Normalising Mental Health Issues
Young people today are faced with political turmoil, climate crises, economic instability, fear of violence in public spaces and an intense pressure to achieve. With the panopticon of comparison that social media adds to the social lives of young people, it’s no wonder that Millennials and Gen Z are estimated to be more depressed and anxious than their predecessors. The Journal of Pediatrics estimates that the number of teens diagnosed with clinical depression rose 37% between 2005 and 2014. The CDC estimates that at least 16% of young people have considered suicide in a given year. According to the National Alliance on Mental Illness, only 30% of African-American adults receive necessary mental health treatment each year, compared to the U.S. average of 43%.
In reaction to these mounting mental health issues, young people are combating stigmas and redefining what once might have been considered flaws, opening up about their struggles and finding support among their peers. Speaking to the Atlantic, Lynsey Eaton, co-founder of the influencer-marketing agency Estate Five, mused that “people are just looking for things they can relate to.” Nowadays, “the pink wall and avocado toast are just not what people are stopping at anymore.”
Conversations around mental health, ranging from serious public health initiatives and celebrity testimonials to Twitter jokes, support young people by normalising common struggles. They are becoming more comfortable opening up about their own journeys, educating peers about the realities of living with mental illness.
Pop stars such as 17-year-old Billie Eilish have opened up about struggles with mental health. Rappers like Kanye West, Kid Cudi and Meek Mill are doing the important work of welcoming young men of colour into a conversation that has often seemed to exclude them. Musician Summer Walker has been upfront about the ways in which her anxiety manifests during performances. Following admissions of depression and anxiety from basketball stars like Kevin Love and DeMar DeRozan, new NBA guidelines for 2019 require all teams to have mental health professionals on their medical staff.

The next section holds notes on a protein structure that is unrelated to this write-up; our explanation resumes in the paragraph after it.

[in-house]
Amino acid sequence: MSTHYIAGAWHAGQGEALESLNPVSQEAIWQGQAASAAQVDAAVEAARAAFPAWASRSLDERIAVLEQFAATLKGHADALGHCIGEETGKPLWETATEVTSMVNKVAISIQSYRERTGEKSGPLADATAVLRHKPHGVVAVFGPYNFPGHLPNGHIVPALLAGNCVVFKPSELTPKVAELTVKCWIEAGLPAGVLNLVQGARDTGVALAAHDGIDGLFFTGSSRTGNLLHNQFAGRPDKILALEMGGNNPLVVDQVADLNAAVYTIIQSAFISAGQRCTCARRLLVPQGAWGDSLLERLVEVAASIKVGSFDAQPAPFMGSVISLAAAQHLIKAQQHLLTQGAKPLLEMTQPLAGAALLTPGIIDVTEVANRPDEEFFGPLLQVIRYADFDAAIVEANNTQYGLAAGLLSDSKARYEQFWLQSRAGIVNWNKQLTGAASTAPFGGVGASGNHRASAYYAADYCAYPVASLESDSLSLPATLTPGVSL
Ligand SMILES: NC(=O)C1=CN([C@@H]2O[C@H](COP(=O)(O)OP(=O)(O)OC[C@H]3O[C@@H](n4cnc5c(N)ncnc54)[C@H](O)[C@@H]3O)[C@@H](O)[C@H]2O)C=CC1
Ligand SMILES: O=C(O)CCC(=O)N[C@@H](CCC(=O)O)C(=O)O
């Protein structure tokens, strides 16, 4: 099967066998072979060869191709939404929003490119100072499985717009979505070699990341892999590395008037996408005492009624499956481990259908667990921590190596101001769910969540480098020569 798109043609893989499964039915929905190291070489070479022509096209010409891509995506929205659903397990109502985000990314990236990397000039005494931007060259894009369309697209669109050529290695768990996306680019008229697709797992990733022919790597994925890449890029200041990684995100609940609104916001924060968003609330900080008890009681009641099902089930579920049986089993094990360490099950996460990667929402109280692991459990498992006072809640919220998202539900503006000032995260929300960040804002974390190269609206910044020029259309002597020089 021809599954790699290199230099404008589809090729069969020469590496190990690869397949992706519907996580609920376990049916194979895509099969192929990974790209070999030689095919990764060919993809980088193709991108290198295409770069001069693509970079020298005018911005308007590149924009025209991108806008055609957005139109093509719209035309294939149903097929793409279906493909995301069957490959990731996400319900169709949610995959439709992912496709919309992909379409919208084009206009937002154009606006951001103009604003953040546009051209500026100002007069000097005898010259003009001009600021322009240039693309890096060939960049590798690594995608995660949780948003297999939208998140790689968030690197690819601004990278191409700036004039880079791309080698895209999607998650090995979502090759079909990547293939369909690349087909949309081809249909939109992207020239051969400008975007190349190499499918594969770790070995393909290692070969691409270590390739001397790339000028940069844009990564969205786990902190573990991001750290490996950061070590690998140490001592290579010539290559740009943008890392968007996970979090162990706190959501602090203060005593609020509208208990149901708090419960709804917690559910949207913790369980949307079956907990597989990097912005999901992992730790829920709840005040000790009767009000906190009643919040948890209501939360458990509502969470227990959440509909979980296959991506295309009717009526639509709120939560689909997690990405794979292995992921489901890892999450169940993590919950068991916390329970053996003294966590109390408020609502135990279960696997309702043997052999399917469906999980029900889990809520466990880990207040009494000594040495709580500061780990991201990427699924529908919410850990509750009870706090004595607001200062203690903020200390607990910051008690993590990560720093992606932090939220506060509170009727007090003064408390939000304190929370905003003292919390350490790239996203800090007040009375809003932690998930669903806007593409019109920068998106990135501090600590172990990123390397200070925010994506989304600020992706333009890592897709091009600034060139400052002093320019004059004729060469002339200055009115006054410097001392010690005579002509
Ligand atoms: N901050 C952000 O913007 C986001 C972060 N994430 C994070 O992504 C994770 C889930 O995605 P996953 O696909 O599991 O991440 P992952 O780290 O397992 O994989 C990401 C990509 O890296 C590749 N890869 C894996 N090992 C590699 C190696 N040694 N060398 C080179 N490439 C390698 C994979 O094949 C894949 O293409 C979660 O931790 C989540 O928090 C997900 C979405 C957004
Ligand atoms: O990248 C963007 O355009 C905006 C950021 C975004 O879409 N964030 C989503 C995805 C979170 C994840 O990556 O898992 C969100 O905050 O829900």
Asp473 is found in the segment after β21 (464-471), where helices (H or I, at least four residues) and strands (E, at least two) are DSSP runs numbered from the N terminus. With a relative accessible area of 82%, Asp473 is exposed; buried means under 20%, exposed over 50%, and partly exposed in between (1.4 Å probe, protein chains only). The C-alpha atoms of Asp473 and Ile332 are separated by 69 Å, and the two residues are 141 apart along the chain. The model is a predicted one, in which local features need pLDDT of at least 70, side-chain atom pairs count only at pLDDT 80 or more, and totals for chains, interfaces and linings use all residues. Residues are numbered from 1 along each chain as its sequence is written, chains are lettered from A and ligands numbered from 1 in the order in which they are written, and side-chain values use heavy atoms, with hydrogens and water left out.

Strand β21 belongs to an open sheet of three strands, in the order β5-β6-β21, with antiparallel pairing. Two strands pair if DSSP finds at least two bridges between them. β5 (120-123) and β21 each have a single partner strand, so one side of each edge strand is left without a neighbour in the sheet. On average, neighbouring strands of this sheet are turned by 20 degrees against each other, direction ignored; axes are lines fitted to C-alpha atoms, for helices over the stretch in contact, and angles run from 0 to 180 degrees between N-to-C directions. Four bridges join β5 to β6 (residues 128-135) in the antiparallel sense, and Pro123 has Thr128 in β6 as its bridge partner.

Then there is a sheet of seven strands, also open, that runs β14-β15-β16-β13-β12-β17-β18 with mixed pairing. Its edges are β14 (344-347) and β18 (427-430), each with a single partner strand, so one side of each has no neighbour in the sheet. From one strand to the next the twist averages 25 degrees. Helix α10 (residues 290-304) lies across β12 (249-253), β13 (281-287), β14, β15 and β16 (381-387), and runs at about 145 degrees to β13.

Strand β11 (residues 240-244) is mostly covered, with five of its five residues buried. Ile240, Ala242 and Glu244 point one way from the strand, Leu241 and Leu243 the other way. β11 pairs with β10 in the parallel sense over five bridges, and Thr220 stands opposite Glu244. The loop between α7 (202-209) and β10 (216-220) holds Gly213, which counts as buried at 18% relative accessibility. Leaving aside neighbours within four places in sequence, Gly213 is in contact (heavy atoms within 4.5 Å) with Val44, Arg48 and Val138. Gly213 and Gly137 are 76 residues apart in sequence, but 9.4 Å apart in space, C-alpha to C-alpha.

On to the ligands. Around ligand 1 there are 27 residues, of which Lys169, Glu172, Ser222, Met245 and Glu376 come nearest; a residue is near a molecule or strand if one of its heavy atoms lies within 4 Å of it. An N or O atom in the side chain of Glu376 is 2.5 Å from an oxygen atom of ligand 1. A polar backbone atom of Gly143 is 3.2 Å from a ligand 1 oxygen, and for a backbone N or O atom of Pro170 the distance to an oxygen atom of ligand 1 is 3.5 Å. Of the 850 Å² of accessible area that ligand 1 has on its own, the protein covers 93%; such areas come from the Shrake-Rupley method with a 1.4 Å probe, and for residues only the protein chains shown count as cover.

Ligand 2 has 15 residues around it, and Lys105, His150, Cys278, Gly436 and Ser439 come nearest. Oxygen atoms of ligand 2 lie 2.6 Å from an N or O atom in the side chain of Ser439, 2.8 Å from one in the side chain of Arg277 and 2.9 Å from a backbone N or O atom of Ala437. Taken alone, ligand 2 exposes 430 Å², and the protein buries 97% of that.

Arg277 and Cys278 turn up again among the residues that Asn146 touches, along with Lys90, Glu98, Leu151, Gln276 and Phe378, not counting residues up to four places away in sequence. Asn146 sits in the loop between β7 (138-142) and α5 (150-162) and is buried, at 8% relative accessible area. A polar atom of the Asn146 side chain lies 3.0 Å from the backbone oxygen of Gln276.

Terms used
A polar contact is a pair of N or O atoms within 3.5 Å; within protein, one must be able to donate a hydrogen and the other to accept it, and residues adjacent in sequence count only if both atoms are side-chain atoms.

Nihilism As Activism
The internet’s near constant stream of bad news has in many ways stripped young people of youthful innocence and optimism. In a survey of millennials and Gen Z, Deloitte found that only 26% of respondents globally expect economic conditions in their countries to rally in the coming year—a significant decrease from 45% the year before. In a Yale study, across the political spectrum, 37% of Millennials said they would be willing to contact politicians about climate change, compared with 30% of Baby Boomers, and 38% said they’d consider volunteering for a group focused on the issue, compared with a little over a quarter of Boomers.